The People and Planes of Friday Harbor- page 4 | Flight Today | Air & Space Magazine
Current Issue
July 2014 magazine cover
Subscribe

Save 47% off the cover price!

The People and Planes of Friday Harbor

Time and tide wait for no man, but they seem to linger a little around the flying paradise of the San Juan Islands.

Air & Space Magazine | Subscribe

Visitors can still find traces of the old Friday Harbor, according to Island Air owner Jackie Hamilton, who moved to the islands right after high school. It’s still “the classic small town,” she says. Hamilton doesn’t bother to advertise her business, because she knows that if somebody needs a charter or is interested in flight instruction, the word will travel—or she’ll run into the potential customer in the grocery store.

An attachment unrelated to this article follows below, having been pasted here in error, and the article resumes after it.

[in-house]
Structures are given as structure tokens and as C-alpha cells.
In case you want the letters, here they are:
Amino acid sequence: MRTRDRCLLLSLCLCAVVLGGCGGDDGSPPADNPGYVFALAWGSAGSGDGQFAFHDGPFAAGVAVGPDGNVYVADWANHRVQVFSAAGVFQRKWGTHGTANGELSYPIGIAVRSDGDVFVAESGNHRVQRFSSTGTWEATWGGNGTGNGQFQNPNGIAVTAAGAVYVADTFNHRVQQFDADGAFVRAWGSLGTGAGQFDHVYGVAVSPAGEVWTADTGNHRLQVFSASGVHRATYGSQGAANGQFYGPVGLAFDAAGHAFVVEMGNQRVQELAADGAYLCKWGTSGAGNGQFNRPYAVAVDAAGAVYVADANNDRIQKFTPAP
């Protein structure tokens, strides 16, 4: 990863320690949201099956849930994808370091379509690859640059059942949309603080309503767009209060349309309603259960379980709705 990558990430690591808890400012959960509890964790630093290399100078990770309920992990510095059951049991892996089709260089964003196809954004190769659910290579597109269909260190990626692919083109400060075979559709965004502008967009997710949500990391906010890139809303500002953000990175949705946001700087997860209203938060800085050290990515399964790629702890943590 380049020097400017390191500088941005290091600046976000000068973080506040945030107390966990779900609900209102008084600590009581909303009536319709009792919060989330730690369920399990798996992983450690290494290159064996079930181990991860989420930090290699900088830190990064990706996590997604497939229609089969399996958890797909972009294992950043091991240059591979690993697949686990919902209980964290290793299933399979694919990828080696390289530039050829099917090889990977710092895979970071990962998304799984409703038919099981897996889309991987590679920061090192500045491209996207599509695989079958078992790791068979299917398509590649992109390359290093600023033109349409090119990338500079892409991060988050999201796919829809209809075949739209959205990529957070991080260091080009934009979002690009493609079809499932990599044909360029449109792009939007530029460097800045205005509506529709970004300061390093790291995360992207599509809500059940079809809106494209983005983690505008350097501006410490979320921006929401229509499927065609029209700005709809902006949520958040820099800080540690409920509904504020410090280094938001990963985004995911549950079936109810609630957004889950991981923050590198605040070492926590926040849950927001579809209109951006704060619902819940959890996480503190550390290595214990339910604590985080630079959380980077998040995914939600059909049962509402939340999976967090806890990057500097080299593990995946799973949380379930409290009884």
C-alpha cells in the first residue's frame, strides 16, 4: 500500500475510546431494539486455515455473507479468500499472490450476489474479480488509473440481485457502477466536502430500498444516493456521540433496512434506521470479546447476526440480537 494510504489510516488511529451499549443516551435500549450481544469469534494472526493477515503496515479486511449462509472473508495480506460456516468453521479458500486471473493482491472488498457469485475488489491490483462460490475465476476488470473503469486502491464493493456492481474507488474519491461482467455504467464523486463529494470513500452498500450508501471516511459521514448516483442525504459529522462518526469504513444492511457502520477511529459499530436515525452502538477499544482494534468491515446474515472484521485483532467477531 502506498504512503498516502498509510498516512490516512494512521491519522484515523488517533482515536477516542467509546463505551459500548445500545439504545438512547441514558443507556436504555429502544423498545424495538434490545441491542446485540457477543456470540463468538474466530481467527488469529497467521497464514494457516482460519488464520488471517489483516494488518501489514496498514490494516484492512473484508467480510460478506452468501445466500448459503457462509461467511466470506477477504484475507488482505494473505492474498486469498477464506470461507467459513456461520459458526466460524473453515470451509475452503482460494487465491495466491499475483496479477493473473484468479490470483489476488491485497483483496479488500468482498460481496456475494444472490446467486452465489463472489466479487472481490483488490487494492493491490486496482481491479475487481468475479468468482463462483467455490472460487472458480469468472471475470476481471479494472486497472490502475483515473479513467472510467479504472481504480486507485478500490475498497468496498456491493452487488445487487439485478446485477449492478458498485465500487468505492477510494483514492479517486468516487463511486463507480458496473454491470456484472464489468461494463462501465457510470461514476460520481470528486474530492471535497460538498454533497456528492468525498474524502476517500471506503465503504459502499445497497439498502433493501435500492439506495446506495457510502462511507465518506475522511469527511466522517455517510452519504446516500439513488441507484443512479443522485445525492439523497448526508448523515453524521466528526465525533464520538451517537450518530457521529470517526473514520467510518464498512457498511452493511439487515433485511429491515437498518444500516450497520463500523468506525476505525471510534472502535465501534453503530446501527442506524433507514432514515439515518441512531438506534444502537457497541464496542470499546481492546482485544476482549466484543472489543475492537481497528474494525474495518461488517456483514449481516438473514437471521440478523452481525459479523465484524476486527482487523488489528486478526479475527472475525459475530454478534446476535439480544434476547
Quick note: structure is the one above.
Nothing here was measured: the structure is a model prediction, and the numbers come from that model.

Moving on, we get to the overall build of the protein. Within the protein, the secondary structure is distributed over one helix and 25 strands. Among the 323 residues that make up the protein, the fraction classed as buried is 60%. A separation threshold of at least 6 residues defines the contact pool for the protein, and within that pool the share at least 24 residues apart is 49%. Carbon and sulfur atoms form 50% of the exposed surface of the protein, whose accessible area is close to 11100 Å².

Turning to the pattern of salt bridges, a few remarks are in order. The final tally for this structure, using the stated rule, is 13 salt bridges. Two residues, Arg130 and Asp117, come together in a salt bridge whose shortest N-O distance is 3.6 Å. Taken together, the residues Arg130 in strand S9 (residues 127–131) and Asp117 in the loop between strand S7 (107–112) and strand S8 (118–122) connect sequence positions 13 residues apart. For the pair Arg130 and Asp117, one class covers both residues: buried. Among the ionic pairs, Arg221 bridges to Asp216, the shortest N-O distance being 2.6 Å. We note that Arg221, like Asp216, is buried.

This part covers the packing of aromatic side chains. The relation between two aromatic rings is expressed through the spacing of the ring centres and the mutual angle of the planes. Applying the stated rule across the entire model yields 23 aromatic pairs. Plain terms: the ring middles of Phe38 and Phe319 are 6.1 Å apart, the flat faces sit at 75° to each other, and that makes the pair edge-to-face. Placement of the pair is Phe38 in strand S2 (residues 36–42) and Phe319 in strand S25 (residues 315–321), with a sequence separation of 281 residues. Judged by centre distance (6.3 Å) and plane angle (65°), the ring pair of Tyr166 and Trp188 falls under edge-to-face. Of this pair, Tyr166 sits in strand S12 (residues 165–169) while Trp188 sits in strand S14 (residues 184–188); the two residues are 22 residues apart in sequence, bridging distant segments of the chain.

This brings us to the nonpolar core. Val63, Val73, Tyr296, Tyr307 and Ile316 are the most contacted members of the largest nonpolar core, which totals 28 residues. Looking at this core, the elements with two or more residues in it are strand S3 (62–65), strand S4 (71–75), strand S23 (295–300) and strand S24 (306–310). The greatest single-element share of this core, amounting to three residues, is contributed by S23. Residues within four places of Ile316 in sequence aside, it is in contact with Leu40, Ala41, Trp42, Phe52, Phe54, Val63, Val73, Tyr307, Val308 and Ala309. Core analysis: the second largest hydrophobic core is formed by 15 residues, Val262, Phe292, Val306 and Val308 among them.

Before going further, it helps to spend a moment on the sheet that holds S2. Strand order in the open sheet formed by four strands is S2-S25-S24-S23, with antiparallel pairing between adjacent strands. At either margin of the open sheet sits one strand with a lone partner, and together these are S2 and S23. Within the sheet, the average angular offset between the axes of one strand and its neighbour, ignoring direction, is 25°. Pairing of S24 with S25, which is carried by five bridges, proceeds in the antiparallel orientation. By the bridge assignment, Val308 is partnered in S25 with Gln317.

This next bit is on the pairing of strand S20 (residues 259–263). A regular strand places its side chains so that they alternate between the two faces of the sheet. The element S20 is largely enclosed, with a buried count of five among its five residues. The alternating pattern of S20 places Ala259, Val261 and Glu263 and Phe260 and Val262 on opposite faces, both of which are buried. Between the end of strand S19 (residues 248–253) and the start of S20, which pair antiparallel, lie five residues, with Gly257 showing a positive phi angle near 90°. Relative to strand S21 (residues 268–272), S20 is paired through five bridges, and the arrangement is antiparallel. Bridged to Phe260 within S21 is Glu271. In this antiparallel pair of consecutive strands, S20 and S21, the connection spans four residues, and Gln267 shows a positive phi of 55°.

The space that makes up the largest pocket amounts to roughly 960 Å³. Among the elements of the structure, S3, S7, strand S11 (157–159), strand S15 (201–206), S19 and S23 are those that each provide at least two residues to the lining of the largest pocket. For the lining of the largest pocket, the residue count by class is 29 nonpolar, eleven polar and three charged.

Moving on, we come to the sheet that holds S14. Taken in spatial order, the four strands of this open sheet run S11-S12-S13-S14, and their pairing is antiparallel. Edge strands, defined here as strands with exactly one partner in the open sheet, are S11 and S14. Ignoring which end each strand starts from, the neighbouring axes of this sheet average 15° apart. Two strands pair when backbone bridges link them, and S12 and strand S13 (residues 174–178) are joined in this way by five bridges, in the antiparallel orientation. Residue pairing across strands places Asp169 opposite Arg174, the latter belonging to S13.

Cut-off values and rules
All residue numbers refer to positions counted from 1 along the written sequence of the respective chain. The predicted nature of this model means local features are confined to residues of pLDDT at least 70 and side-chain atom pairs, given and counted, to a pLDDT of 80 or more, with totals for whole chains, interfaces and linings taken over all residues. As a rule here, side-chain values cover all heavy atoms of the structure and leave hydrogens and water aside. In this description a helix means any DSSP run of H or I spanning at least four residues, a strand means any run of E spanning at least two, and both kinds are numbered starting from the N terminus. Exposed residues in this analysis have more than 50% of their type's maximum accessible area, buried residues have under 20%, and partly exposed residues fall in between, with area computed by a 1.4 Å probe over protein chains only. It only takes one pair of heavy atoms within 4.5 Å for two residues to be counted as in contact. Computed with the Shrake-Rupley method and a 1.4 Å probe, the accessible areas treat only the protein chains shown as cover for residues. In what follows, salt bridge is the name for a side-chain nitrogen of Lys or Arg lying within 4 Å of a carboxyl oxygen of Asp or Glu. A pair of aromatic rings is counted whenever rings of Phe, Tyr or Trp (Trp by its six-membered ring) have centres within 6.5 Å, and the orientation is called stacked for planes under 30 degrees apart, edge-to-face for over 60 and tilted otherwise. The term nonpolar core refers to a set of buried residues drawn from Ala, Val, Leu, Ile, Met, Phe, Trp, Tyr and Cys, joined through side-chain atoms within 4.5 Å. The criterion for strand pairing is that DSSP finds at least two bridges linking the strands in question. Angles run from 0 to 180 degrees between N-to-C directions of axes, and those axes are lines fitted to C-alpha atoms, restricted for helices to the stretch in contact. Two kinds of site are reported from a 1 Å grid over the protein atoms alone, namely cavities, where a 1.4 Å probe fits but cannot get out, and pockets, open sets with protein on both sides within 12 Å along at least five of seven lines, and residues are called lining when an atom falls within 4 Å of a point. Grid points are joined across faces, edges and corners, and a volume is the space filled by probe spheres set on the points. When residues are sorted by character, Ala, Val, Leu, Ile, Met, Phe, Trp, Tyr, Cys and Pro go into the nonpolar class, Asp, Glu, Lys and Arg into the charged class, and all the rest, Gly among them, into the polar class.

There’s also a certain continuity in Friday Harbor because people who move to the San Juans tend to stay. Originally from New York, Chris Pagnotta began flying in the islands in 1995. “I’ll never leave,” he says.

“The word ‘freedom’ comes to mind,” says Gregg Munro, explaining why he chose flying seaplanes in a place like the San Juans instead of seeking a job with one of the major airlines. With all the growth surrounding it, Friday Harbor is still an airport of small airplanes, short flights, uncontrolled airspace, and pilots who just want to be in the air over one of the most magnificent island chains on Earth.


Sidebar: The Details

THE SAN JUAN ISLANDS lie in the Strait of Georgia, between Canada’s Vancouver Island and Washington state. On the westernmost of the four large islands, Friday Harbor can be reached by ferry or small airliner. For travel information, visit www.guidetosanjuans.com.


Sidebar: Vital Stats

3,400-foot runway; 45 spaces for guest aircraft

Dining: The locals say the best food is at Cafe Vinny’s (Italian) and the best view is from Downriggers. There are 25 restaurants in walking distance of the airport—and 22 espresso machines.

Comment on this Story

comments powered by Disqus